Court approval after a noticed hearing is required for an account of a personal administrator of an estate, a conservator and a guardian. A trustee need not obtain court approval of an account unless the court orders it. If a trustee submits an account to the beneficiaries but does not seek its court approval, the beneficiary’s deadline to contest the account expires upon the earlier of:
  1. Three years from the date the beneficiary received the account or a report disclosing facts giving rise to the claim;
  2. The beneficiary’s consent; or
  3. The time period identified in the trust instrument (but not less than 180 days) if the trustee sent the beneficiary notice of that time period.
A beneficiary may petition the court to compel an account if the beneficiary made a written request for an account and 60 days have lapsed from the date of that request, and the trustee has not accounted within the past six months [CPC Sec. 17200(b)(7)(C)]. If the trustee petitions for court approval of the account, the order granting the petition likely will preclude the beneficiaries from challenging any act the trustee performed during the period of the account. 

What Is the Accountant’s Role in a Dispute Over a Fiduciary Account?
The fiduciary has the burden to maintain records for the account, and to prove charges and credits in the account. The accountant should obtain records in the fiduciary’s possession needed to prepare the account and maintain the source materials in an organized manner. If the fiduciary is missing account records, the accountant may assist the fiduciary with requesting the records from the financial institution. 

A dispute over a fiduciary account commences when a beneficiary submits a written objection to entries in the account, such as disbursements the fiduciary made. The fiduciary may ask the accountant to review the objection to determine whether the account is accurate. The accountant should review the source materials. If the account is inaccurate, the accountant should revise it.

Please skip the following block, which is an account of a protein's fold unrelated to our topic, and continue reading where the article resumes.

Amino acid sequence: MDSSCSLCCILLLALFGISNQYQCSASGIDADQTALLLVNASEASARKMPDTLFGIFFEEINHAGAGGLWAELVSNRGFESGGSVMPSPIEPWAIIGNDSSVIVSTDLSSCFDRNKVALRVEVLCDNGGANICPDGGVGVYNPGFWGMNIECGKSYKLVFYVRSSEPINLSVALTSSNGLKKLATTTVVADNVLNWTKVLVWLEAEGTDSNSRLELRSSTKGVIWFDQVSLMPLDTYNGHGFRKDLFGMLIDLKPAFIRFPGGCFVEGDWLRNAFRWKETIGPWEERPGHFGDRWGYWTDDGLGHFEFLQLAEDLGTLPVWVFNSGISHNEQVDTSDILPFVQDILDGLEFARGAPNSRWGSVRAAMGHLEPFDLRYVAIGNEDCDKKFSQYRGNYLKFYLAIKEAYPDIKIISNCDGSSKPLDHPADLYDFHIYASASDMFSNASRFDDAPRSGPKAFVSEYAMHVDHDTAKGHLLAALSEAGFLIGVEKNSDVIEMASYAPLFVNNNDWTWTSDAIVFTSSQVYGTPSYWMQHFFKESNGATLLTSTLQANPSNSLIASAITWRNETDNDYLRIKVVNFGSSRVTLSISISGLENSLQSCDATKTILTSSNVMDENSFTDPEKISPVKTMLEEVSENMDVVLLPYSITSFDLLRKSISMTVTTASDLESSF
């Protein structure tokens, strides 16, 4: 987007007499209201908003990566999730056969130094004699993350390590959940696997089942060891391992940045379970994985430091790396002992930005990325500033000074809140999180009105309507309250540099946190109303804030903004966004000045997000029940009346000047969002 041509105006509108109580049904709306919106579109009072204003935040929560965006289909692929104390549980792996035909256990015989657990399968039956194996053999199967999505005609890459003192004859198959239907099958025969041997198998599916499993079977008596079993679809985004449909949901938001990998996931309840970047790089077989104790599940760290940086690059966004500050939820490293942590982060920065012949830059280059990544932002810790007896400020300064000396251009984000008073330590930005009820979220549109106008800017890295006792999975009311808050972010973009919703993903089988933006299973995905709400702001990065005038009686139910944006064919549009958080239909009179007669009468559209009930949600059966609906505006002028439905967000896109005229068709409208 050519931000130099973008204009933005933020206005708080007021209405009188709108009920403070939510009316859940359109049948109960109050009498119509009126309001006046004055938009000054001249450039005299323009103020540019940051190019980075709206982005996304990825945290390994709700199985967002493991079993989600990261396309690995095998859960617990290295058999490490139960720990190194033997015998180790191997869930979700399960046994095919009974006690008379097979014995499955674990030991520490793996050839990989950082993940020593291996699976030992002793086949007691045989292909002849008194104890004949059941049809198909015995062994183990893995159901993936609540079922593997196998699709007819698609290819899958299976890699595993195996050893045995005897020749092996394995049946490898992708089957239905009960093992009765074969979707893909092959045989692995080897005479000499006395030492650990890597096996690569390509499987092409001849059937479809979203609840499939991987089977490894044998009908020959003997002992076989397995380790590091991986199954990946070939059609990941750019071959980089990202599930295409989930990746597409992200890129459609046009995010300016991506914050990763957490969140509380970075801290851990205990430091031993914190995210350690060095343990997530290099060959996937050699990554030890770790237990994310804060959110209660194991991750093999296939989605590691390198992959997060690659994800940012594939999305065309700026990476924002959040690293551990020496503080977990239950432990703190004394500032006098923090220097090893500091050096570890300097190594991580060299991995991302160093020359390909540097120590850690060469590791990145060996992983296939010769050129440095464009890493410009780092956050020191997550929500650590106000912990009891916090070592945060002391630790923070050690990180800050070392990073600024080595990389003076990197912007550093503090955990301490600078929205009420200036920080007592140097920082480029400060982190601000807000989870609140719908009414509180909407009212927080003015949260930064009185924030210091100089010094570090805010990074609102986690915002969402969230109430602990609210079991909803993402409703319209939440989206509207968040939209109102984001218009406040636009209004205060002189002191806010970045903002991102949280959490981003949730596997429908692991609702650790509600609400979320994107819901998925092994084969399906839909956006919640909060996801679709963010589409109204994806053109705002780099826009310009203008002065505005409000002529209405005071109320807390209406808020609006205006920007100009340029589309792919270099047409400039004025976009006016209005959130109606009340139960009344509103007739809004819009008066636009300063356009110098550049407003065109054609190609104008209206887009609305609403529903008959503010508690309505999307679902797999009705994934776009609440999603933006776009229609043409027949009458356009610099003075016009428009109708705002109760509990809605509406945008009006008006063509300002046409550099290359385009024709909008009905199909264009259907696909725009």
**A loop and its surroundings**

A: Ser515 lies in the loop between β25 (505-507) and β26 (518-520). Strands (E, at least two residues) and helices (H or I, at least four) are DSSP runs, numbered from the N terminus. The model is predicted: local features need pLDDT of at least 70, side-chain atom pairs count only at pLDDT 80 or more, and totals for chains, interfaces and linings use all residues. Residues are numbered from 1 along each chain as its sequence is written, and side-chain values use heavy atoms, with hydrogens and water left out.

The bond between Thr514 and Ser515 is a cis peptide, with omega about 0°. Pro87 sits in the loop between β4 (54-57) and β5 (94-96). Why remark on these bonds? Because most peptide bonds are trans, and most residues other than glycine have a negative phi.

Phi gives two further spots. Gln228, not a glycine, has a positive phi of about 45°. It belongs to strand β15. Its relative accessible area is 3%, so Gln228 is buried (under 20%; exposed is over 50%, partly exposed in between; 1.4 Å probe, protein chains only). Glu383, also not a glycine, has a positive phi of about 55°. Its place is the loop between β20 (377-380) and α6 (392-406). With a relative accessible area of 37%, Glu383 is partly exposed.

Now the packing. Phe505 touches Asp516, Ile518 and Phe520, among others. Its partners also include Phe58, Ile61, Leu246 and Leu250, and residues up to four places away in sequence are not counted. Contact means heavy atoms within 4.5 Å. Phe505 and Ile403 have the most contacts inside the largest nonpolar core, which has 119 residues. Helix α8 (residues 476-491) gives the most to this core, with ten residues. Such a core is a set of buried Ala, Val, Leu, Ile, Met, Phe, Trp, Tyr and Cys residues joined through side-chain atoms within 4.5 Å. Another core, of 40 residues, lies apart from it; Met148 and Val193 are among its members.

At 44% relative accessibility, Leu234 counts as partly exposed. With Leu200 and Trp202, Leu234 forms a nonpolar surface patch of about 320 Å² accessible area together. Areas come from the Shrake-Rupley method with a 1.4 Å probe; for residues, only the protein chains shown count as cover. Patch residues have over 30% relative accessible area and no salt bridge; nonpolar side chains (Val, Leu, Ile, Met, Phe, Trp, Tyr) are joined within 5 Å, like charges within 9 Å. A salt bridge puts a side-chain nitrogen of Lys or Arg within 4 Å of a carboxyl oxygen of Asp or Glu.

The beneficiary may subpoena the accountant to obtain the source materials that are in the accountant’s possession or to appear for a deposition or trial. If the accountant receives a subpoena, the accountant should consider retaining a lawyer to assess how to respond. 

A written objection to a subpoena for records under Code of Civil Procedure (CCP) Sec. 1985.3(g) may be appropriate, for example, because the subpoena requests information that is privileged, not relevant, or subject to the right to privacy. A motion to quash a subpoena for appearance at deposition or trial under CCP Sec. 1987.1 may be appropriate.

Alternatively, the accountant may confer with the fiduciary’s counsel about the subpoena. The fiduciary’s counsel, however, may have a conflict of interest representing both the fiduciary and the accountant.

The accountant should not communicate directly with the beneficiary or the beneficiary’s counsel. If the fiduciary’s counsel retained the accountant, the accountant should communicate with the fiduciary’s counsel to maintain the attorney-client or work-product privileges between counsel and accountant. Otherwise, the accountant should communicate only with the fiduciary. 

The accountant’s objective is to reduce the likelihood of being a witness in a court proceeding. If the accountant’s participation is limited to obtaining the source materials and inputting the data from those source materials into the schedules for the account, being a witness is not very likely. If the accountant communicates any characterization, opinion or conclusion about the data or account, the likelihood of being a witness will increase.  
Ryan J. Szczepanik is a principal with Hartog, Baer & Hand.